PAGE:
A big new structures lab, formally opened this week, represents a leap forward for the University of Wisconsin-Madison’s structural engineering program. The College of Engineering held an official opening ceremony for the Jun and Sandy Lee Wisconsin Structures and Materials Testing Laboratory on October 23, 2019.
The lab will serve the structural engineering program, which is a part of the college’s Department of Civil and Environmental Engineering. College of Engineering Dean Ian Robertson said the new facility—a 2,500 square-foot addition to the structures lab in Engineering Hall—will ensure UW-Madison continues its long history as a leader in the structural engineering field.
“This will be a new era for our structural engineering program here at UW-Madison,” says Robertson. “If you look back through the history of the College of Engineering, you will find that we’ve been conducting pioneering structural engineering research on our campus for more than 100 years. With this new facility and our faculty, we anticipate you’ll be hearing about new advances in the field of structural engineering coming from the department of Civil and Environmental Engineering.”
The new structures lab cost roughly $3.2 million. It came to fruition through gifts from CEE friends and alumni, including a $1 million lead donation from Jun (BSCE ’68, MSCE ’69, PhDCE ’73) and Sandy Lee (BA ’69).
Jun Lee, president of the SRI Design, Inc. engineering firm, often tells students, coworkers and engineers who work under him that it’s vital for structural engineers to visualize what they’re doing—beyond simply knowing formulas or theoretical knowledge of how a structure should perform under certain conditions.
“This lab will provide for that kind of visualization, which is very important for students,” he says.
Gustavo Parra-Montesinos, the C.K. Wang Professor of Structural Engineering and structures lab director, notes the new lab will greatly improve the college’s ability to carry out full-scale testing. The old lab, which opened in 1984 and will remain in use as part of the new larger facility, was sometimes limited due to space constraints.
The new lab includes an L-shaped concrete post-tensioned reaction wall that is 26 feet tall with 10 feet deep buttresses, and a 6 ½-feet-thick post-tensioned strong floor. The wall and floor are lined with gridded high-strength anchor points, which are used to connect test specimens and fixtures such as hydraulic actuators for application of a wide variety of forces and displacements.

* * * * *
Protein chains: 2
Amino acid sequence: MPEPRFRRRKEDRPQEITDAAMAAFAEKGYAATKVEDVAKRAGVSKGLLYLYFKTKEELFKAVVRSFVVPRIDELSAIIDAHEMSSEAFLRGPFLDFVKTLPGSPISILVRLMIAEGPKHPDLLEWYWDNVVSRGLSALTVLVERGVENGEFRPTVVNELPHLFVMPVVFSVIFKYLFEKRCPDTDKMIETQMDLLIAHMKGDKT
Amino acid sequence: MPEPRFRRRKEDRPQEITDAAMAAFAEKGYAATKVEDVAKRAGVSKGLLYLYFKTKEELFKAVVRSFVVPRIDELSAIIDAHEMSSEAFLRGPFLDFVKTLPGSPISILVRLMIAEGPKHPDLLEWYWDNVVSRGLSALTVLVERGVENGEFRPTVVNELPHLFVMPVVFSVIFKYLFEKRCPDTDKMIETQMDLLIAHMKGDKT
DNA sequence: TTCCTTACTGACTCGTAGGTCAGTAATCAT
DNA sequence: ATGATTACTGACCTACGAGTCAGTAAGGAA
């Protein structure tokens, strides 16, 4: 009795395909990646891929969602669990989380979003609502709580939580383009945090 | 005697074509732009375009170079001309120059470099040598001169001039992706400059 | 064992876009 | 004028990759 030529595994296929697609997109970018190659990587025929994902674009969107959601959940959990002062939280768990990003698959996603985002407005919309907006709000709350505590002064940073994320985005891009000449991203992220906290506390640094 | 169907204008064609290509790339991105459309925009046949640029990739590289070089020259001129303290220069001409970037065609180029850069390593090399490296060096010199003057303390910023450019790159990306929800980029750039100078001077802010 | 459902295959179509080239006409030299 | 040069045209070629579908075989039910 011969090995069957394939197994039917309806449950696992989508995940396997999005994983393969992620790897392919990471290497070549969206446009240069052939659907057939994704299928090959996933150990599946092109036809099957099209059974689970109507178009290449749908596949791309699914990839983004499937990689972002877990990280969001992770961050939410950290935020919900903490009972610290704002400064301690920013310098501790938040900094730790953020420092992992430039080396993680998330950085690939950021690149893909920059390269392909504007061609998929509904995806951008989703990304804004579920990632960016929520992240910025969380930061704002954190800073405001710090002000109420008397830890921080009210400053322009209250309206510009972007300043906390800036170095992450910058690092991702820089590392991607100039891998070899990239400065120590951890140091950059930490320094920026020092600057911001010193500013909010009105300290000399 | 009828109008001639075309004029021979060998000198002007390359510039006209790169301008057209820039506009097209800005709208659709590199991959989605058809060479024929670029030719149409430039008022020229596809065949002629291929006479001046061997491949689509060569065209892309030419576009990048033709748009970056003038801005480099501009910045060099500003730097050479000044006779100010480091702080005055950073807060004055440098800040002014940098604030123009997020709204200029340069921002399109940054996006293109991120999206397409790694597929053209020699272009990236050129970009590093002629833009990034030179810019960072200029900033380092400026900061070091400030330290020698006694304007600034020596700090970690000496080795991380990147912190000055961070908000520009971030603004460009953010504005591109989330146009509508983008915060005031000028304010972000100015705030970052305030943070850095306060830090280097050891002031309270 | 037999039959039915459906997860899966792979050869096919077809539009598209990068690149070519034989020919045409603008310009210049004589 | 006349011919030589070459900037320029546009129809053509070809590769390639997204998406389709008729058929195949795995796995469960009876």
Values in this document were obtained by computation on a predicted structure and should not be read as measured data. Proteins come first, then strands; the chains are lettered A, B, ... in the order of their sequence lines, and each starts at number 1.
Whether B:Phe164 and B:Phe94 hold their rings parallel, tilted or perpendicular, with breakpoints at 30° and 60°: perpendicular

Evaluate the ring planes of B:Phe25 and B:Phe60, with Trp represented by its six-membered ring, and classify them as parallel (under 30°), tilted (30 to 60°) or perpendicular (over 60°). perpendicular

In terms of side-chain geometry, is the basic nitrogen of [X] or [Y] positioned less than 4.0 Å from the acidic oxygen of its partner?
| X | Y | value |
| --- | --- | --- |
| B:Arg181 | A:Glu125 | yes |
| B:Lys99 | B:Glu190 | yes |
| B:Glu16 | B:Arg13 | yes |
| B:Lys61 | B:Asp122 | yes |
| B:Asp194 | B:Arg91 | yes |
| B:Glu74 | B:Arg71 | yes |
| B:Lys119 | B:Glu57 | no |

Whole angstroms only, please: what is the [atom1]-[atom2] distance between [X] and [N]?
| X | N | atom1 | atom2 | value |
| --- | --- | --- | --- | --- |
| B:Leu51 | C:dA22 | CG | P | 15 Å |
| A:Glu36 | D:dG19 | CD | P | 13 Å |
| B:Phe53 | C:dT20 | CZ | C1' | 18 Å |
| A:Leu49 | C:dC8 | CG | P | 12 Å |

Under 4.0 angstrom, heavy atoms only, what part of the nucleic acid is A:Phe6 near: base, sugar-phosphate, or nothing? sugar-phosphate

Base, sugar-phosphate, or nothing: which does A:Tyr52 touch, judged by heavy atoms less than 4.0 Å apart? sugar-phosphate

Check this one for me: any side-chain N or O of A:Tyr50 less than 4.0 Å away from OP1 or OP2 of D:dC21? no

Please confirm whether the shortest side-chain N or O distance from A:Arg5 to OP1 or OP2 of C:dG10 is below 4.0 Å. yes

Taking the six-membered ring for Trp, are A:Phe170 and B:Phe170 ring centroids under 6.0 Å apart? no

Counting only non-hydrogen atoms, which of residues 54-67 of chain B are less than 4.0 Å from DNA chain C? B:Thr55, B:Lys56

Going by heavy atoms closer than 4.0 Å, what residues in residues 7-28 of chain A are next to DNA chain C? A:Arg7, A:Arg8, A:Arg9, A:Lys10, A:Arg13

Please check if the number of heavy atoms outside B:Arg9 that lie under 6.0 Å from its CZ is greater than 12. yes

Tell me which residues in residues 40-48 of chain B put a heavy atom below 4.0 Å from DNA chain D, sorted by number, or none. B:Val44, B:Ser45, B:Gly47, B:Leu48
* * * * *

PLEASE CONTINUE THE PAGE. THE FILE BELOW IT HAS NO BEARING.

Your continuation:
The lab also has a 20-ton overhead crane and opens up to allow access to the outside and the old lab, and enough space to test specimens as long as 40 feet.
Parra-Montesinos says the extra space and greatly bolstered capabilities—the 20-ton crane has a loading capacity double that of the old lab’s crane—will make a big difference for students.
“They will be able to really feel how structures behave,” Parra-Montesinos says. “Sometimes we show them photos or videos, but it’s never the same as witnessing a structural member failing, for example—having that true experience.
“That will position them among the best in the nation, not only in terms of structural design, but for things like forensic engineering—how to understand what happened when a failure occurs, how to interpret cracks and skills such as that.”
Hannah Blum, an assistant professor who specializes in structural engineering, said the new lab’s larger floor allows for full-size model testing, while its height will let engineers test multi-story structures.
“You can create and run models, but how do you know if the model results are correct if you don’t have some initial test results to compare them against?” Blum says. “To really understand what’s happening in a structure and how all the elements interact together, you need to do a large-scale test.”
Lee says the lab addition puts the College of Engineering in prime position to conduct research that few other institutions can match.
“This is, if not the most capable, one of the most capable research labs in the entire United States,” he says. “It gives us an opportunity to do research projects that very few universities can do, which will deepen the knowledge of structural engineering beyond what we know now.”
Author: Alex Holloway